analyst Henry Blodget helped to slam Amazon and the whole Net sector this morning with negative comments on the e-commerce giant's report. Blodget said:

We think this is a strong quarter but not spectacular and the market is likely to be disappointed based on some very aggressive expectations. ... We think this announcement could create negative sentiment for the rest of the group.

And so it did. Amazon lately was down 10 3/8, or 12.7%, to 71 5/8, with Internet Sector

index tumbling 56, or 4.9%, to 1080 and E-Commerce Index

down 5, or 4.2%, to 109.

Robertson Stephens

joined the Amazon pile-on as well, lowering the stock to buy from strong buy.



was also helping to lead the charge down as it sank 7.1%.

Still, some on the Street see hopeful signs amid the slash and burn.

"The downward momentum feels like it has slowed and some of the selling has worn itself out. It feels a lot less anxious," said Bill Schneider, head of U.S. equity block trading at

Warburg Dillon Read

. "Bottom-fishers are even doing a little nibbling." Schneider said it was not surprising that the Dow and

S&P 500

are breaking away from the Nasdaq given the Comp's breathless run-up. After breaking the

3000 barrier in early November, the Comp shot up past

4000 in less than two months.

"I think we are in a period of increased vulnerability," said Schneider as he looked ahead at the next few weeks. "The market probably needs to get some earnings announcements under its belt. It has not fully come to grips with the prospect of a rate increase yet. The expectation that is creeping in now, is what has already beaten the bonds."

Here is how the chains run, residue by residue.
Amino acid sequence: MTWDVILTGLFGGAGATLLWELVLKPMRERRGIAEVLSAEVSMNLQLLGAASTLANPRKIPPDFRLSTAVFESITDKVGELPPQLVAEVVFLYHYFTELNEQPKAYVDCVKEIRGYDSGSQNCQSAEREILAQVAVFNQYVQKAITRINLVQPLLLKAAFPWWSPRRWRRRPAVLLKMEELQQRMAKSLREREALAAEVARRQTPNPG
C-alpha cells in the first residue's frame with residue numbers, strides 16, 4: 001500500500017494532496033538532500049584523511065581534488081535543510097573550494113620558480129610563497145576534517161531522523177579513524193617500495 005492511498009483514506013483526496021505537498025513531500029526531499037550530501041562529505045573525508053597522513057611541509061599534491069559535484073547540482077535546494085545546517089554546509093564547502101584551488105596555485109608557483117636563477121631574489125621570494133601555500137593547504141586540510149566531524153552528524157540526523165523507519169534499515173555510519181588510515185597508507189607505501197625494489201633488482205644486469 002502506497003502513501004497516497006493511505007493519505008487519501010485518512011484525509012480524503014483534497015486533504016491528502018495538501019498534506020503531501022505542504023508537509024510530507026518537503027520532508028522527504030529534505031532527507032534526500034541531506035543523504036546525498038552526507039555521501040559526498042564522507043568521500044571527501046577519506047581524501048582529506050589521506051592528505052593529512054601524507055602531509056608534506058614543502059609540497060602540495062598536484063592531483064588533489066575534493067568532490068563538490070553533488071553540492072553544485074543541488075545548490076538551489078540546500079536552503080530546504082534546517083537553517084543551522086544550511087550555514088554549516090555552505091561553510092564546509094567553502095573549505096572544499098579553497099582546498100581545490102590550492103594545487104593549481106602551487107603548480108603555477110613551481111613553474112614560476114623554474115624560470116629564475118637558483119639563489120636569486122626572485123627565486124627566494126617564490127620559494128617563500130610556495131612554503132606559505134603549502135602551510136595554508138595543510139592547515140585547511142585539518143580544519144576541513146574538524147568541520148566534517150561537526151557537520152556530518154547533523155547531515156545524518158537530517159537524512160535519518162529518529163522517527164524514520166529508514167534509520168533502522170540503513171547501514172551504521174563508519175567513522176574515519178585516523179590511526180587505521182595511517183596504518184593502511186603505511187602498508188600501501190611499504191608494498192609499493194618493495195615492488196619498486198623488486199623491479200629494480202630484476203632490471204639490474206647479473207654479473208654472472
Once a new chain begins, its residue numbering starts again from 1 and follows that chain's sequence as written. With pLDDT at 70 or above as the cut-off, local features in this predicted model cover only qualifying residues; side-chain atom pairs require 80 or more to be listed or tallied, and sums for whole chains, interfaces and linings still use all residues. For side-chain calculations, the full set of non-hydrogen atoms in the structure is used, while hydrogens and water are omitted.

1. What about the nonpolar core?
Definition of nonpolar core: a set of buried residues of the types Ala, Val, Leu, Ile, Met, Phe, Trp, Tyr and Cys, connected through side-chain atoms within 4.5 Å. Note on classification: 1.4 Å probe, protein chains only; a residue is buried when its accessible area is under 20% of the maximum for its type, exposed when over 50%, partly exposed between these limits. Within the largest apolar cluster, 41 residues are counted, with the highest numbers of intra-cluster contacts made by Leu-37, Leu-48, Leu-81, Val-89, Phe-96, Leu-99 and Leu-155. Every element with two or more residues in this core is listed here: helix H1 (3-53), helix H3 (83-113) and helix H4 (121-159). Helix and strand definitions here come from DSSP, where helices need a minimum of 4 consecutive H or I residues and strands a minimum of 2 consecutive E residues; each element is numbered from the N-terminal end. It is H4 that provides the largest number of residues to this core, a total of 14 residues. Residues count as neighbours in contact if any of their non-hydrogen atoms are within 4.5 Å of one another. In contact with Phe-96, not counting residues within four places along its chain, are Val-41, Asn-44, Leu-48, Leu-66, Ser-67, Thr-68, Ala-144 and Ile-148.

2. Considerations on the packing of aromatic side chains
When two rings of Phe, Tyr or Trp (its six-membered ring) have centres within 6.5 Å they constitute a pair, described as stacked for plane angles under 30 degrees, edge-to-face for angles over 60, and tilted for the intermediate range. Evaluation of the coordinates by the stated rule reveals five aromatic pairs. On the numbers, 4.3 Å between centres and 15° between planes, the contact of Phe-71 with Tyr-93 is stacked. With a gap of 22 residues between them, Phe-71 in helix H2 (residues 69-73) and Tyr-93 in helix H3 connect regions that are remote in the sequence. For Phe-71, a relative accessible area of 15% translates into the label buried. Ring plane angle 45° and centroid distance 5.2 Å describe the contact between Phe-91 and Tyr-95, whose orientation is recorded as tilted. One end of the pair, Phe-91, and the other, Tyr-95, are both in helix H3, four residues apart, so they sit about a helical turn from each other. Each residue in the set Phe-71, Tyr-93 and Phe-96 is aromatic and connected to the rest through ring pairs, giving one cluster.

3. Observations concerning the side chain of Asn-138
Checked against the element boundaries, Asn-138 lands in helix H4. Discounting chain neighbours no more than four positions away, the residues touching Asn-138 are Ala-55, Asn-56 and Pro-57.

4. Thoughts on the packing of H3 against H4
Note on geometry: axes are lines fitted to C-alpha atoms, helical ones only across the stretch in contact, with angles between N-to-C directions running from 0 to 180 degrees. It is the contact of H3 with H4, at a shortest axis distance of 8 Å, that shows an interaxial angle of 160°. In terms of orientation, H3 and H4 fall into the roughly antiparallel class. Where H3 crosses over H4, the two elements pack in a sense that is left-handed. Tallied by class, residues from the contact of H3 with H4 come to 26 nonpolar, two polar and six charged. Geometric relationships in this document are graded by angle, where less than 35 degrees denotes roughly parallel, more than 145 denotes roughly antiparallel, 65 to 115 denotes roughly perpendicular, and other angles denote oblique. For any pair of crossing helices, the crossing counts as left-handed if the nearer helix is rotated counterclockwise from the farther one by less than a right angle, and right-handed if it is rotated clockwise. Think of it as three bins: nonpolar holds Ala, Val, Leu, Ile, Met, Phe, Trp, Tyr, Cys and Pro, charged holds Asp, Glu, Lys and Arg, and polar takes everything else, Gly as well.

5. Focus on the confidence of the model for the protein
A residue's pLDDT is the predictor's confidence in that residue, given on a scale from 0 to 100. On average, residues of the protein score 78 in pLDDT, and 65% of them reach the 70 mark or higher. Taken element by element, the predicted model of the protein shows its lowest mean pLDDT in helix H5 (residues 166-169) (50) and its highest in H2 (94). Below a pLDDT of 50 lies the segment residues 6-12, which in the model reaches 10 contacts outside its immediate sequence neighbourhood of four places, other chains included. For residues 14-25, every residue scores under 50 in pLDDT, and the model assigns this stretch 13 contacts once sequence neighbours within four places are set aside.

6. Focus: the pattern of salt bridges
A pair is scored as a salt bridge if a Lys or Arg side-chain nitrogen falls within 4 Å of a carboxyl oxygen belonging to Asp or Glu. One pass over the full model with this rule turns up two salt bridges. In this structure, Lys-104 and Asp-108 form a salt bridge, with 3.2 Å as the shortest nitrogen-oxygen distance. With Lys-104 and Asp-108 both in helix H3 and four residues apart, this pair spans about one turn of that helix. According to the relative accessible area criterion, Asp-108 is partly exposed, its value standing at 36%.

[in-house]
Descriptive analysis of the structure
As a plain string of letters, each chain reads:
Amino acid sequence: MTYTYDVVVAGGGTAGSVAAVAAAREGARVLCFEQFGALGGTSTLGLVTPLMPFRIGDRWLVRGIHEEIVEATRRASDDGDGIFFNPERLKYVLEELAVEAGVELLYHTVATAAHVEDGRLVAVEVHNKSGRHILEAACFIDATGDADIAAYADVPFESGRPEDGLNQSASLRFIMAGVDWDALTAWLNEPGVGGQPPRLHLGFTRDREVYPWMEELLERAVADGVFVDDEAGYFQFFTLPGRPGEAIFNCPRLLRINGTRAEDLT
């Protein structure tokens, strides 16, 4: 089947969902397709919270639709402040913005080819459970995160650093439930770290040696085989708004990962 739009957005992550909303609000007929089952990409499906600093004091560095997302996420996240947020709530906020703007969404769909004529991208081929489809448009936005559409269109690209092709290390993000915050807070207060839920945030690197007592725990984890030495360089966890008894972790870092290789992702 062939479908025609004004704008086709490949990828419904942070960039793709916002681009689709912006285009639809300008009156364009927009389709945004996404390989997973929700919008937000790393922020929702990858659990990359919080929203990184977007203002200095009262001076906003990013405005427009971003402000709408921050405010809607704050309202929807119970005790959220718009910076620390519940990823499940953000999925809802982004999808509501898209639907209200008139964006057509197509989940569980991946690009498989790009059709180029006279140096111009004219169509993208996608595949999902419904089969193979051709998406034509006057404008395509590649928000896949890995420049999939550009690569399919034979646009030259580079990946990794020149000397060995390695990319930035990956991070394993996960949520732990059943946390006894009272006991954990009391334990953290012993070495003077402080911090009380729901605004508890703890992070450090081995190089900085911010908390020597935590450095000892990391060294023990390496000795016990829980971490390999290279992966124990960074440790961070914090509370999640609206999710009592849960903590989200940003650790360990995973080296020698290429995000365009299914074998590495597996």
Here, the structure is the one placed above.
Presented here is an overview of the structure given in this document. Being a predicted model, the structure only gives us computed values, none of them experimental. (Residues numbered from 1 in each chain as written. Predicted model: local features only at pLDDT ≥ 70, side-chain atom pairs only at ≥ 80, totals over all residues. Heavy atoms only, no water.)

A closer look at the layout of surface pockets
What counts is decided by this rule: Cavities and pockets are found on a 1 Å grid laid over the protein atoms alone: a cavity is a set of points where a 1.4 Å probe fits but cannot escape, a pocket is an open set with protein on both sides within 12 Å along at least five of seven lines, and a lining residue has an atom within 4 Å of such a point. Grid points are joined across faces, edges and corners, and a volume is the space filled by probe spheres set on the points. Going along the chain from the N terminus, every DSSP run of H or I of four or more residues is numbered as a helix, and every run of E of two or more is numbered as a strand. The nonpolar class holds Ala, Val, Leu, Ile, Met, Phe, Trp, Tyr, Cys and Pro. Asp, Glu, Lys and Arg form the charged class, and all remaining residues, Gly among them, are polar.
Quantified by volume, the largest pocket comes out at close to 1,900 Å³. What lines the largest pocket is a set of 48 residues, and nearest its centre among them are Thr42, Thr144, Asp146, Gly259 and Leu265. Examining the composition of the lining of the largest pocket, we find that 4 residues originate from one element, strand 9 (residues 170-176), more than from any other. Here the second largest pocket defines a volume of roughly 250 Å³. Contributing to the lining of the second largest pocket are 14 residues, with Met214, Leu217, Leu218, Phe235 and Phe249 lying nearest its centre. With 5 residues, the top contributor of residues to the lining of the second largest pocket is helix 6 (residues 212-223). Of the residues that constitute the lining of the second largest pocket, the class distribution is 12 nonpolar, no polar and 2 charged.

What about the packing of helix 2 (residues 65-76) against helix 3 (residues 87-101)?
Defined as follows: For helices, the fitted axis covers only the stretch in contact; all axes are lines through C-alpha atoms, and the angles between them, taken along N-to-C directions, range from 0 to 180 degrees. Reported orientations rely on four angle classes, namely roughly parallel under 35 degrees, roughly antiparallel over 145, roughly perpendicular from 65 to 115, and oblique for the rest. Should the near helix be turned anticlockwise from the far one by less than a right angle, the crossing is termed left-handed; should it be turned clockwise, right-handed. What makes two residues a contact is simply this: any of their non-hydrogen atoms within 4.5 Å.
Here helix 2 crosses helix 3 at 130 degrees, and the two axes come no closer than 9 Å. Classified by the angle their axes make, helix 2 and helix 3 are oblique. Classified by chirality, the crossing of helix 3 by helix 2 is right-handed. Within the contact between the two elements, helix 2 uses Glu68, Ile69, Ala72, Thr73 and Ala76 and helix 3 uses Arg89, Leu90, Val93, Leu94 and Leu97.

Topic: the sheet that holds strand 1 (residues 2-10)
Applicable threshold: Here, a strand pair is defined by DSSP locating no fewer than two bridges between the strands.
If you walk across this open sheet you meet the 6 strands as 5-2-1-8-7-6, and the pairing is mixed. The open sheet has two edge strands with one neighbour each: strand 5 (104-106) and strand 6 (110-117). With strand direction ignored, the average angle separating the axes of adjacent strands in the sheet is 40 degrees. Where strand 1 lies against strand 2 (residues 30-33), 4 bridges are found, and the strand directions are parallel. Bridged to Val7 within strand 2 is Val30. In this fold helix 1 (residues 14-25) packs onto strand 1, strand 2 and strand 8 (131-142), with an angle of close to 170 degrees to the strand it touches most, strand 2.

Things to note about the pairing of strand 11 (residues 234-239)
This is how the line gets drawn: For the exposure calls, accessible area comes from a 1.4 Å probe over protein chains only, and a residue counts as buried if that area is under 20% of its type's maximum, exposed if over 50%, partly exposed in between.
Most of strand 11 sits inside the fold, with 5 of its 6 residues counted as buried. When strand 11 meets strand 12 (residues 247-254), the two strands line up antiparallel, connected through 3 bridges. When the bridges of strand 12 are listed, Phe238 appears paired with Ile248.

The few stocks managing to escape the tech trampling today included

Red Hat


, rising 2.7% on news that it is buying an e-commerce firm, and


(IBM) - Get International Business Machines Corporation Report

, up 3.3% after it received an upgrade.

Wireless stocks were getting slapped and pulling the telecommunication sector lower. The normally invincible


(QCOM) - Get QUALCOMM Incorporated Report

was sliding 6.4%, while


(NOK) - Get Nokia Corporation Sponsored American Depositary Shares Report

was off 4.3% and



was down 4.9%.

Meanwhile, old-fashioned phone stocks like

Bell Atlantic




(GTE) - Get Gran Tierra Energy Inc. Report

were trying to muster up some enthusiasm after a bullish call from

Credit Suisse First Boston

analyst Dan Reingold, who slapped strong buy and buy recommendations on a total of 14 stocks. (Reingold was initiating coverage after jumping to First Boston from Merrill in November.) But the negative seemed to be winning out, judging from a glance at the

Nasdaq Telecommunications Index

, down 2.3%.

First Boston also released a portfolio strategy update in which it advised investors to let this drop get "some room to work out the kinks" rather than jump in to buy the dip, calling the Nasdaq's correction an "indication of a rapidly deteriorating consensus on the level of fair value for equities." The firm advised investors to focus on areas including consumer cyclicals, health care services and selected commodity cyclicals.